So what does ‘behaviorally consistent’ mean? Well, let’s consider a simple example. Let’s say your character is an Introvert. Generally speaking, most Introverts are uncomfortable in large group settings. They tend to be shy at parties, dress in less ostentatious ways, and are often poor at reading social cues. They even have common ways of speaking, food preferences, and hobbies. (These tendencies don’t describe ALL introverts, however. Only some of them. But that’s another discussion entirely.) This being the case, your Introverted character would most definitely not act like Tony Stark (Iron Man) from the Marvel Comics movies. Robert Downey’s version of Tony Stark is about as far along the extroverted scale as a character can get.

Unfortunately, there are LOTS of different flavors of introverts. They range from the dreamy, offbeat Luna Lovegood (Harry Potter), to ruthless ‘fixers’ like Doug Stamper (House of Cards). There are opinionated know-it-alls like Cliff Claven (Cheers), and steadfast confidantes, like Dr. James Wilson (House MD). It’s simply insufficient to label a character as an Introvert or an Extrovert, and think you have something interesting. Personalities are far more complex and nuanced than that.

My Character Creation Gadget helps you navigate the sea of possibilities, and define the core of your character. The result will be consistent with each of the components that make up a particular Myers-Briggs designation, and the best part is, you don’t have to understand how any of the psychology works. The tool will make sure you color within the lines.

Click to see the Character Creation Gadget

Click on the image to the right to go to my Character Creation Gadget. It will open a new browser window and load up the tool. (You may have to turn off your popup blocked to see it.) Give it a few seconds to load up all of the data files. The word “calculating…’ will be displayed in the work space while it does this. When it says “Ready”, you’re good to go. You might want to check out the “Help” button in the upper left corner first, as this will give you a quick 8 minute YouTube tutorial that shows you how everything works.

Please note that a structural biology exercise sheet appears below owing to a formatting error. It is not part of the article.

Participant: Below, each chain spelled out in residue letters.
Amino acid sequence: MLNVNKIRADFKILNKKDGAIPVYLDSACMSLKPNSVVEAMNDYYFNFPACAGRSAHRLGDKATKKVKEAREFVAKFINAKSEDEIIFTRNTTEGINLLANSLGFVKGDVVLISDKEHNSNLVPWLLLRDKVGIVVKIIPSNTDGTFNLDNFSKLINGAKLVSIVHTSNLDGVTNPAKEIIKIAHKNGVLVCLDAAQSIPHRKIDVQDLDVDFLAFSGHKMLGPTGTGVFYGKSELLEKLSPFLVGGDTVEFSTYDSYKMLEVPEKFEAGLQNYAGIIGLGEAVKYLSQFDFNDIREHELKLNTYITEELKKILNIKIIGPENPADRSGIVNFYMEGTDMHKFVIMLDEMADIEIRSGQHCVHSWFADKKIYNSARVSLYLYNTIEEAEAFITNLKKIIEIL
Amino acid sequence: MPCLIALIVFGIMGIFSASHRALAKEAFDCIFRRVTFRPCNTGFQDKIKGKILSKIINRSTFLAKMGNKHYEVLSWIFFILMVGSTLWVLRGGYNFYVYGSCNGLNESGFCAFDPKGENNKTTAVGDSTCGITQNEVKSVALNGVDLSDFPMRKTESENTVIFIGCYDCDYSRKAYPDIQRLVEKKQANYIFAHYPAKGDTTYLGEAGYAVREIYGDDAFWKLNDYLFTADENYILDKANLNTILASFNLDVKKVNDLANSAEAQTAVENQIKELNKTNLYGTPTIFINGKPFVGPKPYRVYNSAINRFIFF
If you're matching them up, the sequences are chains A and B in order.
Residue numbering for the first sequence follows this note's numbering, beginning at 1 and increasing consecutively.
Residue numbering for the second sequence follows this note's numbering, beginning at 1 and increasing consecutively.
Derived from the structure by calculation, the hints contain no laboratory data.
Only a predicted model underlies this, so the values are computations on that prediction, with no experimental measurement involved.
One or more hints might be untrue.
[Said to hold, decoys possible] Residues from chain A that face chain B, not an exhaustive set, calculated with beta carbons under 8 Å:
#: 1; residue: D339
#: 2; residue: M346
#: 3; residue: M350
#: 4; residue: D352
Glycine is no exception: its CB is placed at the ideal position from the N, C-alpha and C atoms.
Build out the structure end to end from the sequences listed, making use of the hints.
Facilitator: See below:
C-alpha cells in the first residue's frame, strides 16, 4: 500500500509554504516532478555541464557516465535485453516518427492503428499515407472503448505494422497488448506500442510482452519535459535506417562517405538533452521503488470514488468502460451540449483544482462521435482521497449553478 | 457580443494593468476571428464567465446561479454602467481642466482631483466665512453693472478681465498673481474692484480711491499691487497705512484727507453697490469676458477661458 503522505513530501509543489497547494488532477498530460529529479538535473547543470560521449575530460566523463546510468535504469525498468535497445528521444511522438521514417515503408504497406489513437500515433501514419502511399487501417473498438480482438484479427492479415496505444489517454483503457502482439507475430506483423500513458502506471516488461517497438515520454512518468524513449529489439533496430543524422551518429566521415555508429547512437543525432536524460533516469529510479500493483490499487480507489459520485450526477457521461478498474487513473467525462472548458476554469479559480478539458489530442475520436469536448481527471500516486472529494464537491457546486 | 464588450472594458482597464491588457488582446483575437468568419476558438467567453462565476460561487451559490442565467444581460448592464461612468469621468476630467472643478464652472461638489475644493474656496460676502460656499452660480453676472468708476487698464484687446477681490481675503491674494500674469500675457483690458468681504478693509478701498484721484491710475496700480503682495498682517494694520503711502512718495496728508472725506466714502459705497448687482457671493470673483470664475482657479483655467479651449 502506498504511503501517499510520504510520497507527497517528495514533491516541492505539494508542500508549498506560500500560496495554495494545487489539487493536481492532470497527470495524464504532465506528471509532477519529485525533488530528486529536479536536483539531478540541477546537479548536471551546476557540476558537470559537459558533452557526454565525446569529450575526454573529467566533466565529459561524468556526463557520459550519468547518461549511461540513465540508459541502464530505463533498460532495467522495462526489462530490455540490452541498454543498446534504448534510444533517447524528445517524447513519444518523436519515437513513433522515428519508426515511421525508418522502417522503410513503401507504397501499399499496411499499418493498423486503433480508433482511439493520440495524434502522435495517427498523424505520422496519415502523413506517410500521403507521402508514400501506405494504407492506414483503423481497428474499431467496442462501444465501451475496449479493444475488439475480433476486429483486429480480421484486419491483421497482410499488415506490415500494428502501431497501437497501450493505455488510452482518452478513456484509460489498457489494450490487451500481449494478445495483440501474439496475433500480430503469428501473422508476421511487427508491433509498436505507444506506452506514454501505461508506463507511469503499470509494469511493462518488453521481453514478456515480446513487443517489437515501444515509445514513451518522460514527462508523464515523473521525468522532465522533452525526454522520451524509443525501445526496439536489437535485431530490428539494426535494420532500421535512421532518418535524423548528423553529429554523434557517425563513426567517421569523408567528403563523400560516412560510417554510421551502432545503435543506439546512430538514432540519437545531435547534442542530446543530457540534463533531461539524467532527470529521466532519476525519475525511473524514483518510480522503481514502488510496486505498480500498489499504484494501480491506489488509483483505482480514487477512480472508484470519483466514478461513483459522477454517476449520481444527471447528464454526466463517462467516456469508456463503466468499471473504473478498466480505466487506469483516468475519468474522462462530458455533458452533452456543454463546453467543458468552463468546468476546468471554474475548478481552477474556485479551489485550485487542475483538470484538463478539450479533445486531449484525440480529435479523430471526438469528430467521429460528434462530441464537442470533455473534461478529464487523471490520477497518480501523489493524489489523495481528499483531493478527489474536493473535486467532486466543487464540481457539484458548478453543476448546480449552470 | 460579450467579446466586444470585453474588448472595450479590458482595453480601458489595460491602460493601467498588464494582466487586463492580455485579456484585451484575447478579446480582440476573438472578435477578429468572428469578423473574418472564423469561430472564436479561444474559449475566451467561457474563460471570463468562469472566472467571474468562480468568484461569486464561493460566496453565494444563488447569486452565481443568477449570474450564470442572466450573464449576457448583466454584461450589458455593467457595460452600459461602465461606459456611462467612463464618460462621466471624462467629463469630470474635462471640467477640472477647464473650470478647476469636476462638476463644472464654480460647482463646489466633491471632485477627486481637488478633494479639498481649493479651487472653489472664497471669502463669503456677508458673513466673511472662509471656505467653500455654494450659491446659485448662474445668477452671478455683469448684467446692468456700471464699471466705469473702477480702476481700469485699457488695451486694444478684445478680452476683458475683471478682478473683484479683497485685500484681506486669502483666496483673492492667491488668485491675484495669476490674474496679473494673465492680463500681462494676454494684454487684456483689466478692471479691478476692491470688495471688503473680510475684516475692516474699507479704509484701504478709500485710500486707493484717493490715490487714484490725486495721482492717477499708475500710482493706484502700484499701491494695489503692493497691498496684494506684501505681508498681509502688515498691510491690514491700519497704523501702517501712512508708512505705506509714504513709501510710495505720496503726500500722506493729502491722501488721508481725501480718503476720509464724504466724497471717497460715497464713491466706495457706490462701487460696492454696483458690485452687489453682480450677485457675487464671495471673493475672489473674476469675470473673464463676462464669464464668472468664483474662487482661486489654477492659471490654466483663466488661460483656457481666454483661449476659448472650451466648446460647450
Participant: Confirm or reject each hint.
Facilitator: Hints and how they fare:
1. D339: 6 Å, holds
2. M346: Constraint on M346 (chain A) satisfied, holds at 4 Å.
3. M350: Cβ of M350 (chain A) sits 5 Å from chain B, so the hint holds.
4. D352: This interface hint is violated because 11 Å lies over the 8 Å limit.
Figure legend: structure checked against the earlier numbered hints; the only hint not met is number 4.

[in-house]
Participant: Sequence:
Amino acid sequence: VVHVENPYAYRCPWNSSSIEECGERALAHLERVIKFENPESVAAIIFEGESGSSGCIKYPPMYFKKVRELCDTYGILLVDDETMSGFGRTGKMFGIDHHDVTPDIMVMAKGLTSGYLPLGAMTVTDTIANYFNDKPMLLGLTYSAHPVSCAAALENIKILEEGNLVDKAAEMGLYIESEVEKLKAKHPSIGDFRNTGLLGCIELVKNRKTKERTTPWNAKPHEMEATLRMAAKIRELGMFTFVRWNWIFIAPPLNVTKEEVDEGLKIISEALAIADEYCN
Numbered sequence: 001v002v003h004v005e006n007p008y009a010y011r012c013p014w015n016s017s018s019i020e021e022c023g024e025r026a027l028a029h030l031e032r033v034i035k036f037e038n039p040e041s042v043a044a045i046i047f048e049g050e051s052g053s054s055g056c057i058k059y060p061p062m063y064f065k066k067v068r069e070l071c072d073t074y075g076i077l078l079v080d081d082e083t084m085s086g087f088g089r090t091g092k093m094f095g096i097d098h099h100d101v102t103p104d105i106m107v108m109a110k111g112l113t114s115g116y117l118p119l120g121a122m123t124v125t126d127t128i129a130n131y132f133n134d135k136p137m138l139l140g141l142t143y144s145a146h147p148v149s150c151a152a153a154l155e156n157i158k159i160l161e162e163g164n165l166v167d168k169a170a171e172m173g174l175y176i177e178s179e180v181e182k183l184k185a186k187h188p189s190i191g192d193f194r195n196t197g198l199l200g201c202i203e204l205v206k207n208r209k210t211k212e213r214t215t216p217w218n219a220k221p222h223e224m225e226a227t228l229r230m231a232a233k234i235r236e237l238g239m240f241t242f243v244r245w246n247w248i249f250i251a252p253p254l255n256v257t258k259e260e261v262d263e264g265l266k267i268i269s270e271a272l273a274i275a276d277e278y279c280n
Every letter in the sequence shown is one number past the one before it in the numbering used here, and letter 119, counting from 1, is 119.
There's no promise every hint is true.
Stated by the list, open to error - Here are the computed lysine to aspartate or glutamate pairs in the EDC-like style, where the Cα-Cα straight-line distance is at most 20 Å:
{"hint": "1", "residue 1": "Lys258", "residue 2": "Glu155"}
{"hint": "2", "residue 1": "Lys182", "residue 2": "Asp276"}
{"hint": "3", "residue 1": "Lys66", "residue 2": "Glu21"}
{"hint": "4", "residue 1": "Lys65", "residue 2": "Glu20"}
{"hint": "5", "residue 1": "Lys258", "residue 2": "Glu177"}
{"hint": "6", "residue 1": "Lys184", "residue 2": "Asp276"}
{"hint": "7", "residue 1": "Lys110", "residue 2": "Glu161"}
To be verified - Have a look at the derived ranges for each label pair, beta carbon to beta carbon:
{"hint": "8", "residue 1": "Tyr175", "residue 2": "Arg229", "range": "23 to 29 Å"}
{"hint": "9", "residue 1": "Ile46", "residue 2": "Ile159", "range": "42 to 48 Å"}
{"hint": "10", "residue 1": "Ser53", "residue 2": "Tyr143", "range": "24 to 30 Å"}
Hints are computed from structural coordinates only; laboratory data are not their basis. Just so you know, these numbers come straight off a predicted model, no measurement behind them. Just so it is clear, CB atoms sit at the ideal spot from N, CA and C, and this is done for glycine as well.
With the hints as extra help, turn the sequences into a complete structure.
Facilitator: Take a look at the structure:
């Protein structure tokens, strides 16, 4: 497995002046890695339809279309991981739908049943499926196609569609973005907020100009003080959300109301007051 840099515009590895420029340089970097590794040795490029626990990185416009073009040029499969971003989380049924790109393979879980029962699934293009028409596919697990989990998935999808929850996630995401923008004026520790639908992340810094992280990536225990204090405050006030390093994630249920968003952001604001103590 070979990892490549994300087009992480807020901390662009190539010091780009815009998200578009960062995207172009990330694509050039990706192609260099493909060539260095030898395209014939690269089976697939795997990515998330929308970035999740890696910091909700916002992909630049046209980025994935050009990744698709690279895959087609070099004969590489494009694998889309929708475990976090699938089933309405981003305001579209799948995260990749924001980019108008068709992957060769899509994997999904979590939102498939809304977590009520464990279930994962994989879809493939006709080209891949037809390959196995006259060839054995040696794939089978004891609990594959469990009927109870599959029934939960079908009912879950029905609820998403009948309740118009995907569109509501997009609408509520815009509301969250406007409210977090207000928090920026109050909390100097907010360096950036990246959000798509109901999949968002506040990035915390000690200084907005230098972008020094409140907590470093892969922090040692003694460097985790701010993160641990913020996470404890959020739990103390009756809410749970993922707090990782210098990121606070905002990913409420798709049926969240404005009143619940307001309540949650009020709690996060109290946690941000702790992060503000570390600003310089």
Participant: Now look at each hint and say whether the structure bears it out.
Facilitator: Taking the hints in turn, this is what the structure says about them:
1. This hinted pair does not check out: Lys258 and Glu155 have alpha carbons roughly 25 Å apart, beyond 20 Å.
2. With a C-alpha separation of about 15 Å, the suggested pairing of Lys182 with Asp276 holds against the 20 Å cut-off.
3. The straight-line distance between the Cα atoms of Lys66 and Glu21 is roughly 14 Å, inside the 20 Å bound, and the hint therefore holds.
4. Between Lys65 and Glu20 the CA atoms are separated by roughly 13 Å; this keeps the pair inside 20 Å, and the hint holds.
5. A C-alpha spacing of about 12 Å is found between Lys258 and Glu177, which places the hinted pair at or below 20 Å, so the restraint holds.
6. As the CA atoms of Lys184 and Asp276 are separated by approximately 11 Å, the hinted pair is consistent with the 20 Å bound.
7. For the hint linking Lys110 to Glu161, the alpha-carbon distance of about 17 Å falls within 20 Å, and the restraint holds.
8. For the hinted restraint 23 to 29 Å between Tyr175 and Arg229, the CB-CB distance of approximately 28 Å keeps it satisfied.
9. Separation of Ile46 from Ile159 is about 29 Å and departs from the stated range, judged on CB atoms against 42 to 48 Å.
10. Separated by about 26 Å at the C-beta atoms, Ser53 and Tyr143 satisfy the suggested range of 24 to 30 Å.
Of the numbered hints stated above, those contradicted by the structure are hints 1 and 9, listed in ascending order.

(And yes, I couldn’t resist putting a link to my novel, Gnosis, in the upper right corner of the tool. The tool itself is totally free to use, despite the amount of work I put into it. I like giving back to the writing community that gave so much to me. But if you’re of a mind to show some appreciation, please do consider following the link to my Amazon page and picking up a copy of Gnosis. It’s only 99 cents. and after the first two months, it has netted all 4-and-5-star reviews.)

A friend tells me that he had a small issue when my tool turned off his Spartan Clips software, but he was able to turn it right back on again without issue. My Character Creation Gadget is still in beta, so I’ll continue to try to resolve little issues like that. In the meantime, feel free to drop me a note if you find a bug, or have suggestions for new adjectives, archetypes, characters, etc. Enjoy!


I'm not around right now. But you can send me an email and I'll get back to you at some point. Maybe.


©2018 Rick Hall